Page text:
"The junction of the French and English intellects, which, looking at the immense chain of its effects, is by far the most important fact in the history of the eighteenth century," is also the most significant and far-reaching movement in the history of French literature. Until that time, England had often looked to France for intellectual leadership, more especially after the Norman Conquest, during the Renaissance, and after the Restoration, while France had ignored the thought and art of her northern neighbor: but in the eighteenth century, England became the leader, the masters became the disciples, and the message they received and interpreted was heard by all nations.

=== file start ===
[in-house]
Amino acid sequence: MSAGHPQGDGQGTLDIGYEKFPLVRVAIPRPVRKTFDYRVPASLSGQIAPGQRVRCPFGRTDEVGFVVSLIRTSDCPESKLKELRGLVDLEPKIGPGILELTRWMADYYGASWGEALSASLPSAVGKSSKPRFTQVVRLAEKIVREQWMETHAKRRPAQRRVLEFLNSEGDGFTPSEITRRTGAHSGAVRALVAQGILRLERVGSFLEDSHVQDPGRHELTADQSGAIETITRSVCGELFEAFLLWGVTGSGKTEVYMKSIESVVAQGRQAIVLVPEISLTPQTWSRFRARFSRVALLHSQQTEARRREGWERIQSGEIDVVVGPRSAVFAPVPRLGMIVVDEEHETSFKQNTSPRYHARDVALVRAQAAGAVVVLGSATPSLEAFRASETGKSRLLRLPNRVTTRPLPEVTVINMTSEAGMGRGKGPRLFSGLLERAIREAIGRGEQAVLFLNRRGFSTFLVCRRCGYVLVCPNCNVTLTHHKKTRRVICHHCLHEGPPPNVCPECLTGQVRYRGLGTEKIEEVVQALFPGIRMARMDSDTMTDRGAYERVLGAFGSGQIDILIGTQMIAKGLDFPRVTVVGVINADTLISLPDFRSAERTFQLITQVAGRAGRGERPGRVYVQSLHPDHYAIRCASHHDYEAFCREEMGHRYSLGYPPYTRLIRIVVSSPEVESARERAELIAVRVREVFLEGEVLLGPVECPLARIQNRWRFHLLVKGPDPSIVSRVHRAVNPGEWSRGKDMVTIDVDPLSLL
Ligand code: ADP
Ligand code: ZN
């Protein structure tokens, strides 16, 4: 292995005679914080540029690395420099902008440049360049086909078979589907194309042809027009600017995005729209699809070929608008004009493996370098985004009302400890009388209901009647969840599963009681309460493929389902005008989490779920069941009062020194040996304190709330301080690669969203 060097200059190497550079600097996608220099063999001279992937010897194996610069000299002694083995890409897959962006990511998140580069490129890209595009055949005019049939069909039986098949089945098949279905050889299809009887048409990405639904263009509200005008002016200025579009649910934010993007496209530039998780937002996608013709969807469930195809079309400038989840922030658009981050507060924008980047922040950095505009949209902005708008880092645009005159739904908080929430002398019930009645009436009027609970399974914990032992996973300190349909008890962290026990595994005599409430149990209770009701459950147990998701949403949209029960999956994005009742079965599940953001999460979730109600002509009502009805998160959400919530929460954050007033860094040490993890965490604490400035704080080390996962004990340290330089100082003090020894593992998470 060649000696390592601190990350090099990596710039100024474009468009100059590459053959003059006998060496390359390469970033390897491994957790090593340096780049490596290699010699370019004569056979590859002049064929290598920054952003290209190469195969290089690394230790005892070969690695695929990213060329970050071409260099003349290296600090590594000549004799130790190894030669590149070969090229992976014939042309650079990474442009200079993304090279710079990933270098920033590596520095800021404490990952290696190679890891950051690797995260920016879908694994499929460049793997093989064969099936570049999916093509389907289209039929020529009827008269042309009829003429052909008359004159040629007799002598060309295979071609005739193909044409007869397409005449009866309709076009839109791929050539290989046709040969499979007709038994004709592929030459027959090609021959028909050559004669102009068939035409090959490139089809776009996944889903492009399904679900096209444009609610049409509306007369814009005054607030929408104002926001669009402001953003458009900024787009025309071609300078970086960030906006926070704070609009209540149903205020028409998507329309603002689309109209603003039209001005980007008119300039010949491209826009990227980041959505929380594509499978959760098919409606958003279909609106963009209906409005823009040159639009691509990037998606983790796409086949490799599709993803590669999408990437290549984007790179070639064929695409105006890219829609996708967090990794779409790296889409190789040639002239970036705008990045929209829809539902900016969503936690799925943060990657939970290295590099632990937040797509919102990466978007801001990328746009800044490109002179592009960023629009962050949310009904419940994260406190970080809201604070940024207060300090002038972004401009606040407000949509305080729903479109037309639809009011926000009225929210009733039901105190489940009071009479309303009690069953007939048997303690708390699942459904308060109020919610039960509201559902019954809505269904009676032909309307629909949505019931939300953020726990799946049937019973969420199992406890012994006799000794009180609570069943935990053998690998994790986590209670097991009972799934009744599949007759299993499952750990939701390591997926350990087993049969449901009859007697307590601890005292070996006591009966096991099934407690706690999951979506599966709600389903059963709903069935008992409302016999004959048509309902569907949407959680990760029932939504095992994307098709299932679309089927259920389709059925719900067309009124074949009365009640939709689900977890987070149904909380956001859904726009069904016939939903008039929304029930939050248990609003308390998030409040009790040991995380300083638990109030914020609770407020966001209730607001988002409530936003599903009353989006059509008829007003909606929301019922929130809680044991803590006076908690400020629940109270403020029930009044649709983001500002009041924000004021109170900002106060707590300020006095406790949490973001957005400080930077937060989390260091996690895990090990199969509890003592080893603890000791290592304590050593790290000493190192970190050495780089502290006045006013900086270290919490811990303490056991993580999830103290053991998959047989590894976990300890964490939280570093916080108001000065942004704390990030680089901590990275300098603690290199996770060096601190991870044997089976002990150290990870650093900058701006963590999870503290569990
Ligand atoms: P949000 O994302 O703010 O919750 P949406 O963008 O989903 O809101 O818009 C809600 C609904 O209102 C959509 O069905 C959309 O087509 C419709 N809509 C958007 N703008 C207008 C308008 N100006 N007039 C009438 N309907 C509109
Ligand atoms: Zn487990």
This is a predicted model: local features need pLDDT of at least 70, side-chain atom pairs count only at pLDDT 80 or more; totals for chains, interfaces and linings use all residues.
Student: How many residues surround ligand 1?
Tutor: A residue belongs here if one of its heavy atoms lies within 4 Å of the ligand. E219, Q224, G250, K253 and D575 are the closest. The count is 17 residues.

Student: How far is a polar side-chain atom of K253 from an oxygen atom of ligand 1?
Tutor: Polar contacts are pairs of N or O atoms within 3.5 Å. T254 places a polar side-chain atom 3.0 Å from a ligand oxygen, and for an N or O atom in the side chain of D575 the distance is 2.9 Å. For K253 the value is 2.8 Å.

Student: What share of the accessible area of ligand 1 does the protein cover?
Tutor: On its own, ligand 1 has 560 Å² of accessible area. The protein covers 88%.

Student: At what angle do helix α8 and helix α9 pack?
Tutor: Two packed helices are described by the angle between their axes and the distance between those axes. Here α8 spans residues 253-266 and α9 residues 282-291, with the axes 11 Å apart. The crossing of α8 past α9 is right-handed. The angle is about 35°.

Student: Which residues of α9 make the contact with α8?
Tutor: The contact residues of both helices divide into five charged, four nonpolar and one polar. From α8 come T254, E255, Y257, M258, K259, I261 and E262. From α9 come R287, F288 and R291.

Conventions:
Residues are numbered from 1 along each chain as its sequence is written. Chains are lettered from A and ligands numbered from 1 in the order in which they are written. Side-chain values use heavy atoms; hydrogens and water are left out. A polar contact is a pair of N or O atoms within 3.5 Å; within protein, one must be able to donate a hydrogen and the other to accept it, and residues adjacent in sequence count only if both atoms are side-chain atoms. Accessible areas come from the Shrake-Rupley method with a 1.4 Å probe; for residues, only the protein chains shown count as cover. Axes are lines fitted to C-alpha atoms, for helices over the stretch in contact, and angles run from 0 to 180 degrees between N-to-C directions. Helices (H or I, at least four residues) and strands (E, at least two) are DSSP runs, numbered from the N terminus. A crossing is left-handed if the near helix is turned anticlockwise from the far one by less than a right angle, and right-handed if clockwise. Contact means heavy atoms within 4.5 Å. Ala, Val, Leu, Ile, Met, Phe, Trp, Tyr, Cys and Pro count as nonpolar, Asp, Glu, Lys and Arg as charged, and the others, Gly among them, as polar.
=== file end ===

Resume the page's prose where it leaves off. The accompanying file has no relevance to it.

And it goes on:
This great intellectual revolution has received . . .
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